With the subtlety of a thermonuclear blast, Mike James signed off Friday after 19 years as the self-styled “surly editor” of NewsBlues.com, the daily subscription newsletter on the local television news business.
James is retiring, but NewsBlues will continue under the new ownership of Rick Iler, a former news director and media investor. Iler said he plans to introduce a “new aggressive look, style and feel” to the TV news insider website “while staying true to its iconic, subversive brand.” The new era starts Tuesday.
Reflecting on his two decades as an often cynical but always insightful chronicler of the industry, James offered a scorched–earth valedictory to his readers.
Here is an excerpt from his farewell post:
We have watched the unhealthy transformation of TV news: the steady shift to shallow tabloid content; the casting aside of older, experienced talent; the headlong pursuit of younger demographics; the drive to build newsrooms on ethnically-balanced quotas and newscasts on research-driven formulas; the abandonment of investigative journalism out of fear of litigation; the proliferation of 24-hour cable news and its need to fill time with opinion; the politicalization of news and the loss of balance; and the increasingly intense focus to "do more with less."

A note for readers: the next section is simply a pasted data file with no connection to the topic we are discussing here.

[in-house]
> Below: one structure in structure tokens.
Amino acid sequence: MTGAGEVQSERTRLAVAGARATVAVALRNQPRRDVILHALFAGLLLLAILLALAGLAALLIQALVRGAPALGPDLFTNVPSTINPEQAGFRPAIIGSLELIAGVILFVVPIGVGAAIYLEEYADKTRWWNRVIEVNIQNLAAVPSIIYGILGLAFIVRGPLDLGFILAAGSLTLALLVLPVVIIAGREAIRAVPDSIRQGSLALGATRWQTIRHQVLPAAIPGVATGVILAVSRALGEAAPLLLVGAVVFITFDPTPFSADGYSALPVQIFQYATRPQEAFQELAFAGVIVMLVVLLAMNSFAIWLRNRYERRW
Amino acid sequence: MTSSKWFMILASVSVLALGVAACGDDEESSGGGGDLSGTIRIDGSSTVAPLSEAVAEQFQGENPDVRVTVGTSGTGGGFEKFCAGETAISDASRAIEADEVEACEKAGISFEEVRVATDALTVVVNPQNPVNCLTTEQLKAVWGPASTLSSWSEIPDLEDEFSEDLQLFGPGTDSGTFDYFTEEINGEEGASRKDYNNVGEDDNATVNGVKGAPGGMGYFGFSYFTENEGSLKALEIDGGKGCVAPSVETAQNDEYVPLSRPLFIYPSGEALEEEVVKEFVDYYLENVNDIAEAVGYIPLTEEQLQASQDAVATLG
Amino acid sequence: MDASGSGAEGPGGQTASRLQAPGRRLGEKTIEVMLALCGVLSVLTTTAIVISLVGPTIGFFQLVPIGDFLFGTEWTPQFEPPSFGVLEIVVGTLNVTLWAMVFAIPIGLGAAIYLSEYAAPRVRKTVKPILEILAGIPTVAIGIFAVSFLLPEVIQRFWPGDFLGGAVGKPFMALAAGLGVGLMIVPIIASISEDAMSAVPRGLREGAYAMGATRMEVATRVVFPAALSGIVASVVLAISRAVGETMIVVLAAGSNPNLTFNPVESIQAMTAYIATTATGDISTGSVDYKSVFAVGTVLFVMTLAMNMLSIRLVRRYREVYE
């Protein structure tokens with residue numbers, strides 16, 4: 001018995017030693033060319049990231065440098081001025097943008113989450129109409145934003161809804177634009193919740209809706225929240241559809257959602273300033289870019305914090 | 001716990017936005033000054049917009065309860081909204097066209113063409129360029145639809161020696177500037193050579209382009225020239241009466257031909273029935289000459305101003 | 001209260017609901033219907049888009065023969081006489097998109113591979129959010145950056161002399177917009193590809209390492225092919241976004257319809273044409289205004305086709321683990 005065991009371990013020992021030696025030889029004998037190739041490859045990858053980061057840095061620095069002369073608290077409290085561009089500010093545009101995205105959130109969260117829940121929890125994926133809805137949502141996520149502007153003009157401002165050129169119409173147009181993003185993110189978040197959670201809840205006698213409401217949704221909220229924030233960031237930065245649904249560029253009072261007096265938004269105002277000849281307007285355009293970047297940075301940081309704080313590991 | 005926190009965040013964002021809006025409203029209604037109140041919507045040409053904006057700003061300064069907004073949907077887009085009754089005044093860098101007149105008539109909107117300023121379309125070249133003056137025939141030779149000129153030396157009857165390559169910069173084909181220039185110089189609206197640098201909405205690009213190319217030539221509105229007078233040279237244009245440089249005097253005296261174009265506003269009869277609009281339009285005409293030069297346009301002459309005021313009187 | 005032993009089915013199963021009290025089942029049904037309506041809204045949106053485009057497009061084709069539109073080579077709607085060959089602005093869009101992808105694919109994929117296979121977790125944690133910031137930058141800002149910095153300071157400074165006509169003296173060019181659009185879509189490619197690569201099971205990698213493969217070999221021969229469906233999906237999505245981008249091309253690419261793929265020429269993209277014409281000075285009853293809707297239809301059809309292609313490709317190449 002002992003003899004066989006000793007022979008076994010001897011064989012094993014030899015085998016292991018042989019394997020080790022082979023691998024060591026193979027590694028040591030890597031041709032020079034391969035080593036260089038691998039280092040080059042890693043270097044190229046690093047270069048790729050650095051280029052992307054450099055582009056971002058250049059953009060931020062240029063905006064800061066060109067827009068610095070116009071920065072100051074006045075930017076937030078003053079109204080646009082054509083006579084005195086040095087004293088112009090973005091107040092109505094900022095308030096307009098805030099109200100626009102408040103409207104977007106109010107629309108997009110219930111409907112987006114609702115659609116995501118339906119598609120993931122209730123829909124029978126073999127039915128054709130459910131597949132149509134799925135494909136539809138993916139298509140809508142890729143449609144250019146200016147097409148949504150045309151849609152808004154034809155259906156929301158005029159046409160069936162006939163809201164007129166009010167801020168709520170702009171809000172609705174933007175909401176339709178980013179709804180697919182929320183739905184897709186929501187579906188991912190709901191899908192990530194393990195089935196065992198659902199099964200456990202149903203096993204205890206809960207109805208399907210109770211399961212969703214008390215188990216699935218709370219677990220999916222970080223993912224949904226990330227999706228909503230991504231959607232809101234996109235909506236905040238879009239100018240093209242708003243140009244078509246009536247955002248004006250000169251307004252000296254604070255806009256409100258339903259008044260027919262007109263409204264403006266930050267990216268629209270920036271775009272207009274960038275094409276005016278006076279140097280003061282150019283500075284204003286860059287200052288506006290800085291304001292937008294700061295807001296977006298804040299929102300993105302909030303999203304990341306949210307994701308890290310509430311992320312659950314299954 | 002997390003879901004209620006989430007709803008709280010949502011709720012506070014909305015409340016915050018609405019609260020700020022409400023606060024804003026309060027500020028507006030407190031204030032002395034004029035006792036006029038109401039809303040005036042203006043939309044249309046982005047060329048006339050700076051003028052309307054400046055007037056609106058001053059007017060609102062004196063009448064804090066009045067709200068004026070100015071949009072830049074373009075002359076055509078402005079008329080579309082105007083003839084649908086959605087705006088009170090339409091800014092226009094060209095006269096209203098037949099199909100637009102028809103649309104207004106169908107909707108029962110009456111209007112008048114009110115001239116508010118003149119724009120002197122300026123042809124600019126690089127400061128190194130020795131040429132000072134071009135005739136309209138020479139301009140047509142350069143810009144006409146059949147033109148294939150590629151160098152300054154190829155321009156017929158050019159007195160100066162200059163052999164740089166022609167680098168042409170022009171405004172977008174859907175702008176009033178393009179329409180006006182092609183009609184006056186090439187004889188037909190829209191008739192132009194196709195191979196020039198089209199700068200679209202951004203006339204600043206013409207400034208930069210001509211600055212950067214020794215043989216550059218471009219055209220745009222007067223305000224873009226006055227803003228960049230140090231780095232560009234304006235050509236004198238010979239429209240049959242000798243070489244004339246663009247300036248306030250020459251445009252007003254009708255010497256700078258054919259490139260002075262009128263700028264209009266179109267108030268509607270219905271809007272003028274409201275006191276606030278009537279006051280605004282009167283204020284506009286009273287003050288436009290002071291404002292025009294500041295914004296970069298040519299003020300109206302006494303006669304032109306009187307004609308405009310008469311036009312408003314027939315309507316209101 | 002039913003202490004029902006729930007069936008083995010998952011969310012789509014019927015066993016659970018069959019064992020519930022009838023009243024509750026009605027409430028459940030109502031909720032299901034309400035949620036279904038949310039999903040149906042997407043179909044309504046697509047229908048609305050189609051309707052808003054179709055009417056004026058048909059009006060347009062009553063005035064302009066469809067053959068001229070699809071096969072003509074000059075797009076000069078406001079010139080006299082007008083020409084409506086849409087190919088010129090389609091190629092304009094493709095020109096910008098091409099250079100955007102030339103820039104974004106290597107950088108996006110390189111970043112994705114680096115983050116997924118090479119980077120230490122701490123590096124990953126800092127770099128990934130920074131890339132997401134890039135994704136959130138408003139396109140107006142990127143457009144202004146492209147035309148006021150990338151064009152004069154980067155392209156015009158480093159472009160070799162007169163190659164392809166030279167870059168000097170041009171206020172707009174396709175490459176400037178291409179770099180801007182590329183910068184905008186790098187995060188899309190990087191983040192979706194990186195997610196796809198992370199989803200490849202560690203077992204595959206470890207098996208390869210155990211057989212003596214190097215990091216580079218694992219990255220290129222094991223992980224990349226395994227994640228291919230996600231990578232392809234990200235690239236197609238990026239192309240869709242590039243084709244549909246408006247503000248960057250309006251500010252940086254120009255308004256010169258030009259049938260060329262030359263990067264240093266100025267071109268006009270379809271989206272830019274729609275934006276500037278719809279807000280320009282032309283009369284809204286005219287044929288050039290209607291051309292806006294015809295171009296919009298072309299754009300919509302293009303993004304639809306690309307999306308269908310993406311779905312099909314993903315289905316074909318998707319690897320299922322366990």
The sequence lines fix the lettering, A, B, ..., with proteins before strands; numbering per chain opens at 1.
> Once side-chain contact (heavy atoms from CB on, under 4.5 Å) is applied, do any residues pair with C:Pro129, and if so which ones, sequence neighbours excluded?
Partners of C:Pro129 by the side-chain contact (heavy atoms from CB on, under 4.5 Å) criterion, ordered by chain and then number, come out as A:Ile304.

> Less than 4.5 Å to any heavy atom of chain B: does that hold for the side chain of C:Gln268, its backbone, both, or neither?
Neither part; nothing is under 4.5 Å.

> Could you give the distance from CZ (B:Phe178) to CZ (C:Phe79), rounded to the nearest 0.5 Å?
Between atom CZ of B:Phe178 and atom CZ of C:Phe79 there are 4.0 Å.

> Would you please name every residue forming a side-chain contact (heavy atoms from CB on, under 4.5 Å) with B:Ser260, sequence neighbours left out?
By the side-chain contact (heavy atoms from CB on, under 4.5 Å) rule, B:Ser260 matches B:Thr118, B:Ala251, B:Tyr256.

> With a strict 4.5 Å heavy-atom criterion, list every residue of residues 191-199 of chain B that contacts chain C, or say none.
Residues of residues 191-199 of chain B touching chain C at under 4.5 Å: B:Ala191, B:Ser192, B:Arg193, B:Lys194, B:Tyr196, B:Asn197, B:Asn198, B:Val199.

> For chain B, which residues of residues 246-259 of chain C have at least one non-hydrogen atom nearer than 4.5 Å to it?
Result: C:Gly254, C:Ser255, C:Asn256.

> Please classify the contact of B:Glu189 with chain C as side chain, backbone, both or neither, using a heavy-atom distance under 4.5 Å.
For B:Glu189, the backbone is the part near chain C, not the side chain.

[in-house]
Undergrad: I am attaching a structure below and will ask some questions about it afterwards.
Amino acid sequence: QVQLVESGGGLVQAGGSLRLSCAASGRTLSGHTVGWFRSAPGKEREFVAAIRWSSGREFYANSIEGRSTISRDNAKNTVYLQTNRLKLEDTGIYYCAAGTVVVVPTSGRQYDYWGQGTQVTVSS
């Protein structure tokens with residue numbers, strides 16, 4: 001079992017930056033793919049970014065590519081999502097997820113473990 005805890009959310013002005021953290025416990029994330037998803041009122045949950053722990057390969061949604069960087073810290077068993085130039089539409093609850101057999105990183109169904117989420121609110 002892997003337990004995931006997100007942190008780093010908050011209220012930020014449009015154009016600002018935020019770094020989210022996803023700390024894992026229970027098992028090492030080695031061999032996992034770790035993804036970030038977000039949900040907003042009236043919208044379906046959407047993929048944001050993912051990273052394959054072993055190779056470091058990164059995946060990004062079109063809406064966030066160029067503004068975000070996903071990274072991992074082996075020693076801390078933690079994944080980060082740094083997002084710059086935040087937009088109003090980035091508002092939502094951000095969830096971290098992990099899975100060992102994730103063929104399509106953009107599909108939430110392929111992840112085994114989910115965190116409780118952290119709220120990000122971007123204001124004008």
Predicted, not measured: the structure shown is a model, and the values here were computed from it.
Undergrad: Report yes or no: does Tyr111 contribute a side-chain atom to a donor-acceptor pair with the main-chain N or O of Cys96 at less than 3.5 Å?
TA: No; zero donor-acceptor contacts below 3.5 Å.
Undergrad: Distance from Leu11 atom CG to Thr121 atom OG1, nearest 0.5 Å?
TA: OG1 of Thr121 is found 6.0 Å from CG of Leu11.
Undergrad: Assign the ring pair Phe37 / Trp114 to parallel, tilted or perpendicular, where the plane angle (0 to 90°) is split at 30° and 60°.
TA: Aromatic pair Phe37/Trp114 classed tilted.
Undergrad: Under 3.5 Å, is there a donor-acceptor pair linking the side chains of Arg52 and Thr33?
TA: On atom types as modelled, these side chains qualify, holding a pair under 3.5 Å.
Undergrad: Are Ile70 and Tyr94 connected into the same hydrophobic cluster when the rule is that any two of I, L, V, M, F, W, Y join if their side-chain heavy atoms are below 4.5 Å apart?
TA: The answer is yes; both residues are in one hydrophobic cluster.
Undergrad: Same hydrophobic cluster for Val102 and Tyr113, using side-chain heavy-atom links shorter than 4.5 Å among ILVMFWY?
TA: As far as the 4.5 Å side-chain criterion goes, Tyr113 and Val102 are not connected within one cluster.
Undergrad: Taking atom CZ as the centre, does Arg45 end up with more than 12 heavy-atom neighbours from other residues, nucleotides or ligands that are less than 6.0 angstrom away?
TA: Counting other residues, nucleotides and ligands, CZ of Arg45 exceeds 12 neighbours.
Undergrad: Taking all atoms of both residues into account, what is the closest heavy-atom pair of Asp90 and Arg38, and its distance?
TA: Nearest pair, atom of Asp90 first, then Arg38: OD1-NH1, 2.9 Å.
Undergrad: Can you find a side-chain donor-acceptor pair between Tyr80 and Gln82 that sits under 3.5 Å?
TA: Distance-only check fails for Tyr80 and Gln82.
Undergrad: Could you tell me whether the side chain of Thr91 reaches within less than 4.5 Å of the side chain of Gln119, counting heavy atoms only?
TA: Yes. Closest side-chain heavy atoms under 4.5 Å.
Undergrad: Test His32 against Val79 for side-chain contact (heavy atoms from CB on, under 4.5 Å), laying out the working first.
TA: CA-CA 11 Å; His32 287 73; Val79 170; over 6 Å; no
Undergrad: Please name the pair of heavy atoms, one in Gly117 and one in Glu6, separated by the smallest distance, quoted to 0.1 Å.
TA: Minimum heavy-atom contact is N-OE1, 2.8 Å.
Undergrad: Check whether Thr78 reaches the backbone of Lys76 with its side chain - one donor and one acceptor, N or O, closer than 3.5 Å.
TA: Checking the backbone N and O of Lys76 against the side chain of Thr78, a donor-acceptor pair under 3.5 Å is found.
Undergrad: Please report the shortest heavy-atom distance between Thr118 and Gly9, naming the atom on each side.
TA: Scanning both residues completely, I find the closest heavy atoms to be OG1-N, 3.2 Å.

And that had led to live shots for the sake of going live; mandatory walk-and-talks; syrupy live TV marriage proposals; weepy personal medical memoirs; mommy blogs and birth celebrations; newsroom sheet cakes; buyouts and layoffs; adrenalin-infused storm chasers masquerading as scientists; local meteorologists with sleeves rolled up interrupting programming for breathless storm alerts in distant counties; bigger, more powerful radars; mobile weather units covered in advertiser logos; beauty queen traffic anchors; TelePrompTer readers in cocktail dresses; endless promotion and slogans and shallow branding; verbless BREAKING NEWS that isn't; tweets and selfies and sprawling studios meant to overwhelm viewers with style, rather than substance.
We've watched a handful of broadcasting companies leverage investment money to gobble up local TV stations by the hundreds, creating ownership behemoths that threaten the public interest by centralizing news production, eliminating competition and diversity, squeezing advertisers, steam rolling retransmission agreements, and generating obscene compensation packages for a handful of executives. Meanwhile, news staffs have been consolidated and salaries slashed. Local television, now dependent on scale, has expanded its local news hole to accommodate more advertising opportunities to pay the bills.
We've witnessed the unsound focus on self-congratulatory industry awards, the preposterous growth of regional Emmys®, and the surrealistic expansion of Edward R. Murrow trophies. We've watched major universities move from educating journalists to creating TV personalities, who seem eager to build careers on the shifting sands of social media. And we've watched a small university in America's poorest state become an online factory for TV weather guessers.
On our watch, America's trust and confidence in the news media has fallen to an all-time low.